When knitting blogger Heidi Gustad got her hands on the new HP Sprout, the HP 3D Capture Stage and a Dremel 3D Idea Builder she got right to work thinking about how she could use them to reimagine knitting. As a public librarian, Gustad was already quite familiar with the concepts of 3D printing thanks to her library’s fully stocked maker lab, but she had never thought of mixing her love of knitting with 3D printing together before. So she decided to get creative with the Capture Stage and see if she could pull her digital and knitted worlds together to make something new.
Because the Capture Stage allows the Sprout to improve the quality of its 3D scanning functionality and speed up the process, Gustad decided to 3D scan a small swatch of white rope that she had knitted. Then she used Sprout’s 3D Builder software to turn the 3D scanned swatch into a 3D printable object. And what better way for a knitter to show off her 3D scanned and 3D printed knitting than turning it into a statement necklace? Not only is it a fun and different way to show off her own knitting work, but as it turned out, it ended up being a great way for her to really push the Sprout’s capabilities to their limits.
“When I found out I was going to get a chance to work with this really cool technology, as a knit designer I was like ‘how can I capture knitting with the 3D scanning and then do something more with it that I couldn’t do with traditional knitting techniques? So I started looking at some swatches… and I thought it would be really cool to capture the texture of knitting and then use that in 3D printing applications to add some some texture and personality. So I was like yeah, I want to take a texture that I’ve created with my own hands and recreate that with 3d scanning and printing,” said Hands Occupied knitter in residence Heidi Gustad.
The HP Sprout’s sensor system is made up of four cameras, including Intel’s RealSense 3D camera and a 14.6 MP camera, so it already has some very robust 3D scanning capabilities. But the new 3D Capture Stage allows a whole new level of detail to be captured by physically manipulating the object being scanned so Sprout can capture even more detail. The Capture Stage is essentially a turntable, similar to a record player, that can rotate the object 360 degrees. It can also re-orientate itself to tilt the object up at a different angle, allowing Sprout’s overhead scanning cameras to get an even better view of the object from angles that it typically wouldn’t be able to capture without the user manually shifting the object’s orientation.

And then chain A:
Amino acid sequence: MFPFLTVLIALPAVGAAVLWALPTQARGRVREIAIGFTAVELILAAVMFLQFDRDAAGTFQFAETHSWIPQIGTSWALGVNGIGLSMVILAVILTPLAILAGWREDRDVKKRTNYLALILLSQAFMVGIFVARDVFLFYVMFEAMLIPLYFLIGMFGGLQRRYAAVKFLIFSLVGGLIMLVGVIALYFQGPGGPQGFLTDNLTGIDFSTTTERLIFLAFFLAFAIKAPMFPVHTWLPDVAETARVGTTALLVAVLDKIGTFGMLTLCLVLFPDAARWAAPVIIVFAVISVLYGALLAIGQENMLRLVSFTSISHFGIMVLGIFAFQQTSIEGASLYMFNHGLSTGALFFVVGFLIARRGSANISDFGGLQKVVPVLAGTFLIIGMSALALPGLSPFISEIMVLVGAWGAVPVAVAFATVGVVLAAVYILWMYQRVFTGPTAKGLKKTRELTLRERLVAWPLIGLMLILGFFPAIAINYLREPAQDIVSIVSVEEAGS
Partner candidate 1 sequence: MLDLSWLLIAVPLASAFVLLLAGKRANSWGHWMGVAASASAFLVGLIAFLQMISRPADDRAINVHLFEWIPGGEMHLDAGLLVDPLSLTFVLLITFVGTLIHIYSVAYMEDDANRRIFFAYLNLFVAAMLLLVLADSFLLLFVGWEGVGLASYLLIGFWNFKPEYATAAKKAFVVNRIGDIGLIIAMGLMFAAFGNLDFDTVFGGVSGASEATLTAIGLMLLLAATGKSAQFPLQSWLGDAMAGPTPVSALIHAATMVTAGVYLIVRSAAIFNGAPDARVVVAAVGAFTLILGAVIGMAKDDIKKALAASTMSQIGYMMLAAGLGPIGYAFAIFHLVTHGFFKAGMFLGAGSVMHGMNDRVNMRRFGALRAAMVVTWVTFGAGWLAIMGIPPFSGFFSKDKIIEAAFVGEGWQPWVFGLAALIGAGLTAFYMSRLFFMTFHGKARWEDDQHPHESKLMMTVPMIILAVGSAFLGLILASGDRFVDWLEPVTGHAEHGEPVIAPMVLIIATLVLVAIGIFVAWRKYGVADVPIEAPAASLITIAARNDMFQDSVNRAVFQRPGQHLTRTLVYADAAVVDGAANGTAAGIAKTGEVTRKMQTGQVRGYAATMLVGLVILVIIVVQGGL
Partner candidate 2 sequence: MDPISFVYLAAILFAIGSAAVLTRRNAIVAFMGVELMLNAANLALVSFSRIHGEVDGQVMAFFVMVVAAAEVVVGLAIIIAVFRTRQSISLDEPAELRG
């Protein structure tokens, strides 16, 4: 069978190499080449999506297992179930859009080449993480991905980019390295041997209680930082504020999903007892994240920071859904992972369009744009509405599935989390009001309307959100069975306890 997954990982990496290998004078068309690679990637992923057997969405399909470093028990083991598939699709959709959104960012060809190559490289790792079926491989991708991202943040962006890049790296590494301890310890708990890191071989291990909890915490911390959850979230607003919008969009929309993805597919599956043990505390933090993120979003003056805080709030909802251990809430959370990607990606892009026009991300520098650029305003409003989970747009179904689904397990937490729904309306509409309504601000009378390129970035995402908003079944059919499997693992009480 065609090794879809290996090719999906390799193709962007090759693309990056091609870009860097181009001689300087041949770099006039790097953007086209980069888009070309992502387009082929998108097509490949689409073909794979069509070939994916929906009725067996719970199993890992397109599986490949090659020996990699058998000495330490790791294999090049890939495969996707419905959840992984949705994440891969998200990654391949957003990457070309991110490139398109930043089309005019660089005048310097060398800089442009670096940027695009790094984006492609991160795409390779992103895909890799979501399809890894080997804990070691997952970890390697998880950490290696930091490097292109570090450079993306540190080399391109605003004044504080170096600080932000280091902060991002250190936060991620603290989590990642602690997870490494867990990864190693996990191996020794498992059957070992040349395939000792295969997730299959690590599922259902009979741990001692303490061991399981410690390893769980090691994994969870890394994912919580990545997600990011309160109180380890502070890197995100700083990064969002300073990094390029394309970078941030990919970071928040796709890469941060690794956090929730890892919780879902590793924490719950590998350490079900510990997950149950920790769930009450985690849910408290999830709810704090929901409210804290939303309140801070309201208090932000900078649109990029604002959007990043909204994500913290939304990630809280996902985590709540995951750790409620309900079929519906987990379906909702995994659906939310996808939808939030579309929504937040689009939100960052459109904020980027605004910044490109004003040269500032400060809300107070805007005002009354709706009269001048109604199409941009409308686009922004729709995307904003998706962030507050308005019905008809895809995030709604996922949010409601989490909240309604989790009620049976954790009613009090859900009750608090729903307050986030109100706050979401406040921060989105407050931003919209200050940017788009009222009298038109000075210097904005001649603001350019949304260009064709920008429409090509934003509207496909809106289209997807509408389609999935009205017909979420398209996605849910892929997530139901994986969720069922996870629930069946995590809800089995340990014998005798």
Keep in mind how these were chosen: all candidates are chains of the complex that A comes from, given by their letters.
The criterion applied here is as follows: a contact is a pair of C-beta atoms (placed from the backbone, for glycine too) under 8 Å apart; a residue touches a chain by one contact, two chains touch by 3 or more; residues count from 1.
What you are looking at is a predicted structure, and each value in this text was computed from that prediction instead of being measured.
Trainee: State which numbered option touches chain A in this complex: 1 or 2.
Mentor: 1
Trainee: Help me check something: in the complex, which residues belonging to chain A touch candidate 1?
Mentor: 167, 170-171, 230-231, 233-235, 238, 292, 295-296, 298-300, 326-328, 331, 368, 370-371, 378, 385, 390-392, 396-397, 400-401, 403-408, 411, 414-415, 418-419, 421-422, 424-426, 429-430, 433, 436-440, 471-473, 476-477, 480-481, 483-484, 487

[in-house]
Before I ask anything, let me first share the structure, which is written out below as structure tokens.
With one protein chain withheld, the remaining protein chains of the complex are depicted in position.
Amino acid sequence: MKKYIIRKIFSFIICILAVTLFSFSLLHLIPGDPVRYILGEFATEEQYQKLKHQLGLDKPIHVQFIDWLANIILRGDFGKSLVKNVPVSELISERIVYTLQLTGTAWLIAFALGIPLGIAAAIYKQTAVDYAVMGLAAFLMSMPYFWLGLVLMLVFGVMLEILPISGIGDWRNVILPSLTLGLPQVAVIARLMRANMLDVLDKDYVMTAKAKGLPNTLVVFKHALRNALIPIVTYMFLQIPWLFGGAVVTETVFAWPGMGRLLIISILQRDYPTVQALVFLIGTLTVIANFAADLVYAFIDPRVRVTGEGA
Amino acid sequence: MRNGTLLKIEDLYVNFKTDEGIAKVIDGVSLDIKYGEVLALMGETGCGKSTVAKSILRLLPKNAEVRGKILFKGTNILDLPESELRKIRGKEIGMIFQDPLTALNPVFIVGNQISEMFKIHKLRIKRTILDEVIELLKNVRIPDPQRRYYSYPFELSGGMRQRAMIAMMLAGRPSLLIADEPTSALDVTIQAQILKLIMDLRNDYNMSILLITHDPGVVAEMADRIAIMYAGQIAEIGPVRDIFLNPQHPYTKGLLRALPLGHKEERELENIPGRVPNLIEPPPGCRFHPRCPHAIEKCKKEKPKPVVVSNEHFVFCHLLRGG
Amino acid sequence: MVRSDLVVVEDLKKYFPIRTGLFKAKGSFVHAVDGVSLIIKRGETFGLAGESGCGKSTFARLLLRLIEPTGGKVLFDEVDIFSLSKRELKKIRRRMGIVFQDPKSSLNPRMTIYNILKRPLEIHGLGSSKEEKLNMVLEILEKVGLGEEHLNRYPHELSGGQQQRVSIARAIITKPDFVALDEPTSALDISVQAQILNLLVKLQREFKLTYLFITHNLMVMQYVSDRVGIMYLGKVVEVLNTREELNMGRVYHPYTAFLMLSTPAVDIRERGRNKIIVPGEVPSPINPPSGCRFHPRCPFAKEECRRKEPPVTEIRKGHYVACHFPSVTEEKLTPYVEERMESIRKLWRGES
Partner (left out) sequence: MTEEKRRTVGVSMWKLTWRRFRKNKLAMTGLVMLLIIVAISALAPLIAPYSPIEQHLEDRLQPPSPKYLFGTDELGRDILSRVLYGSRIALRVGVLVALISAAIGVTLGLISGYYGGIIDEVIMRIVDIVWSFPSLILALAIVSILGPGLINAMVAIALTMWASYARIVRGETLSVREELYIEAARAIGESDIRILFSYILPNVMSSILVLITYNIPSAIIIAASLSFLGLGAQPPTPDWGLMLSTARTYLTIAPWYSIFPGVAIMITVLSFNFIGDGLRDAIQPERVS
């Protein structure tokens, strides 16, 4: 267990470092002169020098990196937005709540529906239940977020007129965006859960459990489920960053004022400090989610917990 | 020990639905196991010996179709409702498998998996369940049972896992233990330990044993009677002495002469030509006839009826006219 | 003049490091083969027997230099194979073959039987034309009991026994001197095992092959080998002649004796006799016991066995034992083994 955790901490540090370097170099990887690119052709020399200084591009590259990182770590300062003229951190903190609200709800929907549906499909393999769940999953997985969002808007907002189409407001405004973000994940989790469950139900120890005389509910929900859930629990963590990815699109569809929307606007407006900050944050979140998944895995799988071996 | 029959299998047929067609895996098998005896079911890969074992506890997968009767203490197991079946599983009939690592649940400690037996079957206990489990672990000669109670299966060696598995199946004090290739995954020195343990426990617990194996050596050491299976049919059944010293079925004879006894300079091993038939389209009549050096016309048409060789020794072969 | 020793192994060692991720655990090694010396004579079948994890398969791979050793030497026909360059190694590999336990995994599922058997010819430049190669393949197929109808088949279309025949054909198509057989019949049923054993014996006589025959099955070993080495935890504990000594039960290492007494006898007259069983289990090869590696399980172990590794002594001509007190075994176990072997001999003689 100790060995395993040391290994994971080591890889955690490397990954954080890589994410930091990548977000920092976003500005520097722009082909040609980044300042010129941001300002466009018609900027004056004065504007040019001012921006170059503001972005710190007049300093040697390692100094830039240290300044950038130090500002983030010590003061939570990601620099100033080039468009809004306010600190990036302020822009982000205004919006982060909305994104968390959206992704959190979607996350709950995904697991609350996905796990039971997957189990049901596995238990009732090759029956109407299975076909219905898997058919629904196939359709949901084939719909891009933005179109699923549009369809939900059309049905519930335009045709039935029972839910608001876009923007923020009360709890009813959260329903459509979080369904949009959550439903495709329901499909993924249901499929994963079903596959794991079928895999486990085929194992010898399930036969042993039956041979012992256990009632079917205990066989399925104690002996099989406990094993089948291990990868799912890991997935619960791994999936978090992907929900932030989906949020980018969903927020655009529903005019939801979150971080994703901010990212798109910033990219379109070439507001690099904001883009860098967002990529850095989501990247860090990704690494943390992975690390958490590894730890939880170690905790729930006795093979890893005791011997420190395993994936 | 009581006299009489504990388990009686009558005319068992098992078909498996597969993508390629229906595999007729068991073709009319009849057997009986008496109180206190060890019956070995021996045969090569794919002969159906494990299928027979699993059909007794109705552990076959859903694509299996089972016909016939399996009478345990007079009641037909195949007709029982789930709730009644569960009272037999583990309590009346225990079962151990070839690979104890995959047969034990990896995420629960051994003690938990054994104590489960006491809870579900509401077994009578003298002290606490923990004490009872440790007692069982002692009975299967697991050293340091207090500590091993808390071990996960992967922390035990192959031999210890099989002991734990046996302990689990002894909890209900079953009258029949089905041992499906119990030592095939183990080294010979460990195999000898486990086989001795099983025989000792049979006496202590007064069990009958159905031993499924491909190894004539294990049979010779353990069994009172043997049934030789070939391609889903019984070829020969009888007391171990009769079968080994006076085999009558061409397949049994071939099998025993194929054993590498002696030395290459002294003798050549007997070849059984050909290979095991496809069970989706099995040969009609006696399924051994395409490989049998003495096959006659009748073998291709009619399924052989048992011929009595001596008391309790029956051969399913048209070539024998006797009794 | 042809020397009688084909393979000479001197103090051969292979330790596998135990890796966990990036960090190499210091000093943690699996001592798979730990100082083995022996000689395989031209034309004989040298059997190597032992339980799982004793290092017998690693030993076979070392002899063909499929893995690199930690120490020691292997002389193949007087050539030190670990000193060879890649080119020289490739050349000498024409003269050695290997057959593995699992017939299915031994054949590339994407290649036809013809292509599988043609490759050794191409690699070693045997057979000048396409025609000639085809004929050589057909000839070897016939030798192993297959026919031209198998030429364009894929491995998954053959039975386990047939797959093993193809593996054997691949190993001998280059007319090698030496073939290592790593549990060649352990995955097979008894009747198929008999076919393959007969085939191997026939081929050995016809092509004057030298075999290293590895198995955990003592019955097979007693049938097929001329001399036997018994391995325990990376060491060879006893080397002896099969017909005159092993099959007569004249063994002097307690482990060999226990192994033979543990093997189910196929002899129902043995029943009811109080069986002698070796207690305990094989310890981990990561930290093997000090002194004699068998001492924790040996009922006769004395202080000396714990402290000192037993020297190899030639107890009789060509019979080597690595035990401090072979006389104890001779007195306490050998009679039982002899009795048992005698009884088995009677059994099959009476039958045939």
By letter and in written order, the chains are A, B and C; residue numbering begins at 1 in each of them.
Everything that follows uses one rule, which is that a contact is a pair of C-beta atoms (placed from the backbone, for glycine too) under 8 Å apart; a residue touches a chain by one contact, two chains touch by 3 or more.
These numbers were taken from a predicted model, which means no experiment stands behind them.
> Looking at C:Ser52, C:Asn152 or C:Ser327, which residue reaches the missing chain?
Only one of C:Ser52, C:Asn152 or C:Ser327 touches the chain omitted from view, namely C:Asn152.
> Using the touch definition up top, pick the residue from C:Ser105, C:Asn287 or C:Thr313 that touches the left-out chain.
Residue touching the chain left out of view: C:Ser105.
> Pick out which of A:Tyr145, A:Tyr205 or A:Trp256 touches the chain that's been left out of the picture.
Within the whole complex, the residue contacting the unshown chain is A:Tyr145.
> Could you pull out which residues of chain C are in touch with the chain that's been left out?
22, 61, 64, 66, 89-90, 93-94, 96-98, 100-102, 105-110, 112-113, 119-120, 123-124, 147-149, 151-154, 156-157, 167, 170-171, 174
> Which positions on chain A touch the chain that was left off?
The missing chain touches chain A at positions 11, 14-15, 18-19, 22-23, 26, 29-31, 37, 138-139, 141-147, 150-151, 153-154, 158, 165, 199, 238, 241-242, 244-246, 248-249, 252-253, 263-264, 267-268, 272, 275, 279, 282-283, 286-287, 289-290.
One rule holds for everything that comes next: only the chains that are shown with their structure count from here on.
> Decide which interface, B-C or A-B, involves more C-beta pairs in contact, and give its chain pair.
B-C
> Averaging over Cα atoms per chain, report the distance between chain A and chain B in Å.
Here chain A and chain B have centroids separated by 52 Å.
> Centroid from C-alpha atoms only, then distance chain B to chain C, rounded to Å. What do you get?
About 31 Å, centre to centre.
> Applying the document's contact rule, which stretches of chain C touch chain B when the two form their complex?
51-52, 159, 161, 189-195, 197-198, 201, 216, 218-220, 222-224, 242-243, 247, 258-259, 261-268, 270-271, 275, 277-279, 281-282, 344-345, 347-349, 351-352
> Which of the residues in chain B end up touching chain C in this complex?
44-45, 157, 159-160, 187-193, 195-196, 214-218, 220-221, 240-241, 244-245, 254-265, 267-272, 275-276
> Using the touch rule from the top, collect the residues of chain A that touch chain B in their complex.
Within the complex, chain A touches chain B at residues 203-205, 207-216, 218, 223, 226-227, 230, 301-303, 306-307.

One limitation that Gustad ran into with Sprout was when she laid the swatch down on the turntable flat. Unfortunately Sprout wasn’t able to determine what the object was or even recognize that it was three-dimensional. She solved the problem by using some straight pins to add structure to the swatch, and to prop it up perpendicular to the scanning turntable. Once she gave the computer a better view of it, Sprout had no problems scanning in the swatch and managed to capture a very detailed 3D scan of its delicate structure.
Once she had all of the scan data, Gustad needed to cleaned up the 3D model just a little bit. It turns out that knitted rope is far too delicate to print all on its own using a desktop 3D printer, so she incorporated a thin wedge on the backside of the swatch to give it some much needed structure. Once she had added some support, Gustad simply sent the 3D model over to the Dremel 3D Idea Maker 3D printer and printed it out in white PLA. Because the Sprout captured the entire swatch, including the open loops at the top, she was able to easily attach some jump rings and a chain so her 3D printed knitting was now a unique pendant.
You can read about Gustad’s project over on her Hands Occupied blog, and learn more about the HP Sprout here. And here is a video of the Sprout in action turning Gustad’s knitting into 3D printed jewelry. Let us know your thoughts on this story in the HP’s Sprout Forum thread on 3DPB.com.
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